The Value of Live Tissue Training for Combat Casualty Care – A Survey of Canadian Combat Medics with Battlefield Experience in Afghanistan


  1. Kim, M.
  2. Torrie, I.
  3. Poisson, R.
  4. Withers, N.
  5. Bjarnason, S.
  6. DaLuz, L.T.
  7. Pannell, D.
  8. Beckett, A.
  9. Tien, H.C.
Corporate Authors
Defence Research and Development Canada, Suffield Research Centre, Ralston AB (CAN);Sunnybrooke Health Sciences Centre - Toronto, ON (CAN);Canadian Forces Health Services, Ottawa ON (CAN)
The optimum method for training military personnel for combat casualty care is unknown. In particular, there is debate regarding the incremental benefit of live animal tissue training (LTT) over inanimate human patient simulators (HPSs). Although both LTT and HPS are currently used for predeployment training, the efficacy of these models has not been established. Materials and Methods: Canadian Armed Forces combat medics, deployed to Afghanistan between 2006 and 2011, were surveyed retrospectively regarding their experience with combat casualty care and predeployment training. HPSs were used to prepare these combat medics for early rotations. In later years, personnel received a combination of training modalities including HPS and LTT, using anaesthetized porcine models in accordance with appropriate animal care standards. Among those deployed on multiple rotations, there was a cohort who was prepared for deployment using only HPS training, and who later were prepared using mixed-modality training, which included LTT. We asked these medics to compare their predeployment training using HPS only versus their mixed-modality training in how each training package prepared them for battlefield trauma care. Results: Thirty-eight individuals responded, with 20 respondents deployed on multiple rotations. Respondents performed life-saving skills during 89% of the rotations. Self-perceived competence and preparedness were notably higher after incorporation of LTT than after HPS alone. O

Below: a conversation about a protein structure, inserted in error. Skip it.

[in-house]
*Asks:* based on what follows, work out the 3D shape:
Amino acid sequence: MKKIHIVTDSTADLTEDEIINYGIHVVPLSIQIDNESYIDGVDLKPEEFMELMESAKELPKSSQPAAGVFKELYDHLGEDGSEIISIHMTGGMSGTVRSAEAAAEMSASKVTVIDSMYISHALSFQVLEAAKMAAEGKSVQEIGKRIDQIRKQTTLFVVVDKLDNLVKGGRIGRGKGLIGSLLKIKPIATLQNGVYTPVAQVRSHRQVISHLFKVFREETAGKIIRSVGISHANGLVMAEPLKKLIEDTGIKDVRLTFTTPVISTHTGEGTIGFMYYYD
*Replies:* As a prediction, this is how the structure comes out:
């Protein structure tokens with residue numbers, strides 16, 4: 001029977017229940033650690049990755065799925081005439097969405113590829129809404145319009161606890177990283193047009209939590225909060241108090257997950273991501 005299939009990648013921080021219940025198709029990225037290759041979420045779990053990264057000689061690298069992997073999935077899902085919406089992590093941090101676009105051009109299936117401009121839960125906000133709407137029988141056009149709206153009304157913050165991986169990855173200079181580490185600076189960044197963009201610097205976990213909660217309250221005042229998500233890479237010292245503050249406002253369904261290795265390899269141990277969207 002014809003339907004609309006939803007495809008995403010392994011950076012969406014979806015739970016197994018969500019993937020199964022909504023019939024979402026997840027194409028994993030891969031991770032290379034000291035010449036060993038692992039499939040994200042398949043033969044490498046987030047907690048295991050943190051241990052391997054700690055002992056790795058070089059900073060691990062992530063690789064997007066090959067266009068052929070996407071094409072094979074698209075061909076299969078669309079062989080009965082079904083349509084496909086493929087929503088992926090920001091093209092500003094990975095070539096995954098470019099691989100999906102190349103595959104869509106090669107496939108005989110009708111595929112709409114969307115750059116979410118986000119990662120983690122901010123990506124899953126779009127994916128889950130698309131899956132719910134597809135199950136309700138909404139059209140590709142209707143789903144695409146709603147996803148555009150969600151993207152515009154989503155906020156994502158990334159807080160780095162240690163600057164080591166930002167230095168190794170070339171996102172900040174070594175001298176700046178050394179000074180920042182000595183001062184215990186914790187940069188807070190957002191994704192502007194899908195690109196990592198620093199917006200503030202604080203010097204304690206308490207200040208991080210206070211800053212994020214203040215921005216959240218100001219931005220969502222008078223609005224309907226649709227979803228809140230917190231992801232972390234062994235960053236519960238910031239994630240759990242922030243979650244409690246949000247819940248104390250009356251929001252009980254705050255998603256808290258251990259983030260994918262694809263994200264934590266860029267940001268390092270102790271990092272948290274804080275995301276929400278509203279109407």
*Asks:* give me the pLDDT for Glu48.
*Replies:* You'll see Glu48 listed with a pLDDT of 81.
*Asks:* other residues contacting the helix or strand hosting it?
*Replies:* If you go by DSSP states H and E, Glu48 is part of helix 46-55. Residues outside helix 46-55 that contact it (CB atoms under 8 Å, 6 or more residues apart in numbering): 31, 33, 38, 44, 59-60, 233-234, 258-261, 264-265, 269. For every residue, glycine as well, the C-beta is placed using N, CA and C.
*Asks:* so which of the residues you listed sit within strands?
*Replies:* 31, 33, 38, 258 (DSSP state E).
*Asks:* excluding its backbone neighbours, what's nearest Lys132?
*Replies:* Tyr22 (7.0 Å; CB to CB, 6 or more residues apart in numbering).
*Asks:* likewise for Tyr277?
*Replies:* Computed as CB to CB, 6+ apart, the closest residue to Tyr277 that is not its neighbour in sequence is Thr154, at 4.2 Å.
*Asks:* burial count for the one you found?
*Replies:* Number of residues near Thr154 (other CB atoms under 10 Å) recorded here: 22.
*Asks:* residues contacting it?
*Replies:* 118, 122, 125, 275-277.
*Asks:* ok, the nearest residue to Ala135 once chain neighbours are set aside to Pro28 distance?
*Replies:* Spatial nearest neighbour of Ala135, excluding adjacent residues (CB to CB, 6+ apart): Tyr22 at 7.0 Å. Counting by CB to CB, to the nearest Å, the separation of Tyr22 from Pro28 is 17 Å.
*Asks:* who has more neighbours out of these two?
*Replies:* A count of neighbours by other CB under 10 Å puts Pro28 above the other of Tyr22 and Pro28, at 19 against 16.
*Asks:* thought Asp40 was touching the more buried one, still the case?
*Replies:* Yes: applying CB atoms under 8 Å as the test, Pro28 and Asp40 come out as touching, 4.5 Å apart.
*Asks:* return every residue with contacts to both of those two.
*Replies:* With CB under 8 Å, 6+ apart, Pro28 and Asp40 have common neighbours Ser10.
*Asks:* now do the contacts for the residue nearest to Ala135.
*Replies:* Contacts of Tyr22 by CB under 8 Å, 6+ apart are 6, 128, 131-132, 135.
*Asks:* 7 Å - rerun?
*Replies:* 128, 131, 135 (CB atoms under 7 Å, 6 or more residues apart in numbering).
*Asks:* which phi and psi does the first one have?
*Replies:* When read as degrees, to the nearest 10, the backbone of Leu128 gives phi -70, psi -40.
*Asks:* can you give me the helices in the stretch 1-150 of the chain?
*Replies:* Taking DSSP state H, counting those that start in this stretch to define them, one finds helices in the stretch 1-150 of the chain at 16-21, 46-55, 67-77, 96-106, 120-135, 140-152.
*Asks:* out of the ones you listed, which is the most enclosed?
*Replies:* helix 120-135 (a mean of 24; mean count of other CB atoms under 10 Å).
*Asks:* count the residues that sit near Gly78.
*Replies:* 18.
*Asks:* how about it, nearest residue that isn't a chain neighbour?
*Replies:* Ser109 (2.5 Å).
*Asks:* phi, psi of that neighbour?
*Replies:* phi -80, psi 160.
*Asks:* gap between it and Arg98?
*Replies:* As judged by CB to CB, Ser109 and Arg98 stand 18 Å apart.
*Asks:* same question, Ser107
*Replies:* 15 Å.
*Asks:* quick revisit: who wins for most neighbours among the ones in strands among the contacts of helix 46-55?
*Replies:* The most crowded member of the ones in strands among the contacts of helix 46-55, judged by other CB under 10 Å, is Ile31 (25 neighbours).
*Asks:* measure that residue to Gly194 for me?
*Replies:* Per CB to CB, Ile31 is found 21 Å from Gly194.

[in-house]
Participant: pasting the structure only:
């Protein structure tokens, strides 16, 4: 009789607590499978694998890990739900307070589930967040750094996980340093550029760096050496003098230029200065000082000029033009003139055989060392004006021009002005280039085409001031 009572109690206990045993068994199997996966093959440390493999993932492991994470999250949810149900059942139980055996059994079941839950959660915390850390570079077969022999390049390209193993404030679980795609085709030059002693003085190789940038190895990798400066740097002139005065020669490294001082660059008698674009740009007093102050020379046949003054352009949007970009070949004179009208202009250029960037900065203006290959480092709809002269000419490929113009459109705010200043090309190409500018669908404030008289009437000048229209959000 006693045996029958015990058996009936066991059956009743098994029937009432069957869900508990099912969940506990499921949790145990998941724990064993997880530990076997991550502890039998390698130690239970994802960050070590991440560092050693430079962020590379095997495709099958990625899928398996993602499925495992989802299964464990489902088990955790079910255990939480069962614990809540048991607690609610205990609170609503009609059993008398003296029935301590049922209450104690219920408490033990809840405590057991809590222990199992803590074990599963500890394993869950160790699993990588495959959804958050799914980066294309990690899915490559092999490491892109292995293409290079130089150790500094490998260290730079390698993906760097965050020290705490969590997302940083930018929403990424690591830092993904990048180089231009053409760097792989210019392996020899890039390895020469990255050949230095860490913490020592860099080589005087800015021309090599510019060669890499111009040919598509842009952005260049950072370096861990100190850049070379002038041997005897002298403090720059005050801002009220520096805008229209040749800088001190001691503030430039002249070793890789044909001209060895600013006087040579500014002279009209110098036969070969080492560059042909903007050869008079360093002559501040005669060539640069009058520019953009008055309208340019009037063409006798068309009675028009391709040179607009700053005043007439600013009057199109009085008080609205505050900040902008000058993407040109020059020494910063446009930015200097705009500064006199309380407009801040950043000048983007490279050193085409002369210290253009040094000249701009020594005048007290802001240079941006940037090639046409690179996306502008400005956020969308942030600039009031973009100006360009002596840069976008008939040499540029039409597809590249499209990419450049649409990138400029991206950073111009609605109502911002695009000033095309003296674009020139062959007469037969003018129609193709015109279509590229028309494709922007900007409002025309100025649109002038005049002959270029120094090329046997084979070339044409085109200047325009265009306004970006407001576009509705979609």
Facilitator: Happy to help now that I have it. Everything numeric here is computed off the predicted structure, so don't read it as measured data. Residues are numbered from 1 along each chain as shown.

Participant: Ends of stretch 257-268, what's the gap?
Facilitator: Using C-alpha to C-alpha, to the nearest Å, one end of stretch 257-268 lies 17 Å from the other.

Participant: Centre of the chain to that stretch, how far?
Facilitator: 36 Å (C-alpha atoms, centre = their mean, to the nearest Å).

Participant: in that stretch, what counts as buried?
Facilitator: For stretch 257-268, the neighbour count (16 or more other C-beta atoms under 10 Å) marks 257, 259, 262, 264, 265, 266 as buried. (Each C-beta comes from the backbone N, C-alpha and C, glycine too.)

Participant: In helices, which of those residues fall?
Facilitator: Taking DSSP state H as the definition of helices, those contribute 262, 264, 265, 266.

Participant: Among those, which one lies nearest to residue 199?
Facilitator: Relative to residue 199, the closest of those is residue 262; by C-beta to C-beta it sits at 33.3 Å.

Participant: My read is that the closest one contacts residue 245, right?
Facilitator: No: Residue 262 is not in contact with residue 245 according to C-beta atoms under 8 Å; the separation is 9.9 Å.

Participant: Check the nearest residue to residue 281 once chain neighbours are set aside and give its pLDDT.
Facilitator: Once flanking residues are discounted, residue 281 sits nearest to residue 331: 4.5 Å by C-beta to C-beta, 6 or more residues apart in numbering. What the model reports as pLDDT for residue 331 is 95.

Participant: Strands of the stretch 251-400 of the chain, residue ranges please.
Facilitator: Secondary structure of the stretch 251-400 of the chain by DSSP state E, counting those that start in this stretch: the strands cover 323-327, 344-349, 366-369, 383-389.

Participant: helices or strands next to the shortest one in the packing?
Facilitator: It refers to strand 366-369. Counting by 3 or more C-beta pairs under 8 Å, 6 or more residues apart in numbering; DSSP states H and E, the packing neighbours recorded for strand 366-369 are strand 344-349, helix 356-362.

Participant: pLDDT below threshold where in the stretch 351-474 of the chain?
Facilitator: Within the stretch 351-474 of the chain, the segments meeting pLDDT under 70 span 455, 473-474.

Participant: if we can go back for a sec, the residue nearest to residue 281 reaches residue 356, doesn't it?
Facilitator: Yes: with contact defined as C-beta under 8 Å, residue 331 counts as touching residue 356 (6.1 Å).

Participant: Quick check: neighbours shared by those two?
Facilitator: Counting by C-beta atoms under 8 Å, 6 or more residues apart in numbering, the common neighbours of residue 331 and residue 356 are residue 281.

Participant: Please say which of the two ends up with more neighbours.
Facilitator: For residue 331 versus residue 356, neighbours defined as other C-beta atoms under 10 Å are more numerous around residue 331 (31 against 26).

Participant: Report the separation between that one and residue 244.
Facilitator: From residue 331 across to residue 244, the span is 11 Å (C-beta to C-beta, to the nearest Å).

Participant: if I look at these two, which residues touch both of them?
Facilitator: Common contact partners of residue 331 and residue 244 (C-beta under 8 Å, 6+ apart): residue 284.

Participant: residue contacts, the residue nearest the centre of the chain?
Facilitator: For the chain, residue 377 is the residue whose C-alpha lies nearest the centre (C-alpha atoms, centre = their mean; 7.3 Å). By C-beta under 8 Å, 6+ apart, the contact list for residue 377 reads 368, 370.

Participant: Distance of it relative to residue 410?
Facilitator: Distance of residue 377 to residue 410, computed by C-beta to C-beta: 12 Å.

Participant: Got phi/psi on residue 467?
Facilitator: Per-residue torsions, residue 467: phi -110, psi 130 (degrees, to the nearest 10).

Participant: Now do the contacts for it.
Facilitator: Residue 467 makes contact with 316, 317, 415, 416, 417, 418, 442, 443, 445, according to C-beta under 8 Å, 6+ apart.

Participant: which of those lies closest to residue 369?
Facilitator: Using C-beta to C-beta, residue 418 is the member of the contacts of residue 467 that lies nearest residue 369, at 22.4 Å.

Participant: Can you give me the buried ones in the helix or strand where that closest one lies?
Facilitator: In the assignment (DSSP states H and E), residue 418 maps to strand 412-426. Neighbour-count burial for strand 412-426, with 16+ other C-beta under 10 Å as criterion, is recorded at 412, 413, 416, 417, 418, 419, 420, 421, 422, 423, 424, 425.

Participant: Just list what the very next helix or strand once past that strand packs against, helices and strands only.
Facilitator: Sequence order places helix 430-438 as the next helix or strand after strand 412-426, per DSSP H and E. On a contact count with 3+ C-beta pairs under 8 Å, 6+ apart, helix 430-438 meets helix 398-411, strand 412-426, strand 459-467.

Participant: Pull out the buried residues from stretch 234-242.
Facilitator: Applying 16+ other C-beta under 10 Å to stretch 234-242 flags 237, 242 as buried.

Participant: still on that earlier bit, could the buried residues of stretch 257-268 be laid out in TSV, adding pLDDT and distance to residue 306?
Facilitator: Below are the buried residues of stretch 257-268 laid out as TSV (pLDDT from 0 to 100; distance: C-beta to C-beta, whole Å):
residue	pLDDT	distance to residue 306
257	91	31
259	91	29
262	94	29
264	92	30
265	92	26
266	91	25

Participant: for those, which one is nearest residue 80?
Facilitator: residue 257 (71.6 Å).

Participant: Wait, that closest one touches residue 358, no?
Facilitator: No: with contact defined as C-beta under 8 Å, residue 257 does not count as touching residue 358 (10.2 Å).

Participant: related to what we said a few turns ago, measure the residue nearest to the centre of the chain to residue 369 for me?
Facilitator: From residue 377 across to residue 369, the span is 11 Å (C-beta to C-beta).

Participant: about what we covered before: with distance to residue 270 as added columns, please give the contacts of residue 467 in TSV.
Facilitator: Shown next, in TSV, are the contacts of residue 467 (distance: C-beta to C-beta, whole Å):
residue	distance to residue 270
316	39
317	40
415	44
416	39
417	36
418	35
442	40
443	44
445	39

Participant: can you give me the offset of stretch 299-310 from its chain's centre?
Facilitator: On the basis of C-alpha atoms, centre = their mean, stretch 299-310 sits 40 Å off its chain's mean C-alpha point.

Report Number
DRDC-RDDC-2018-P001 — External Literature
Date of publication
01 Feb 2018
Number of Pages
Reprinted from
Association of Military Surgeons of the United States (AMSUS) MILITARY MEDICINE, 182, 9/10:e1834, 2017
Electronic Document(PDF)

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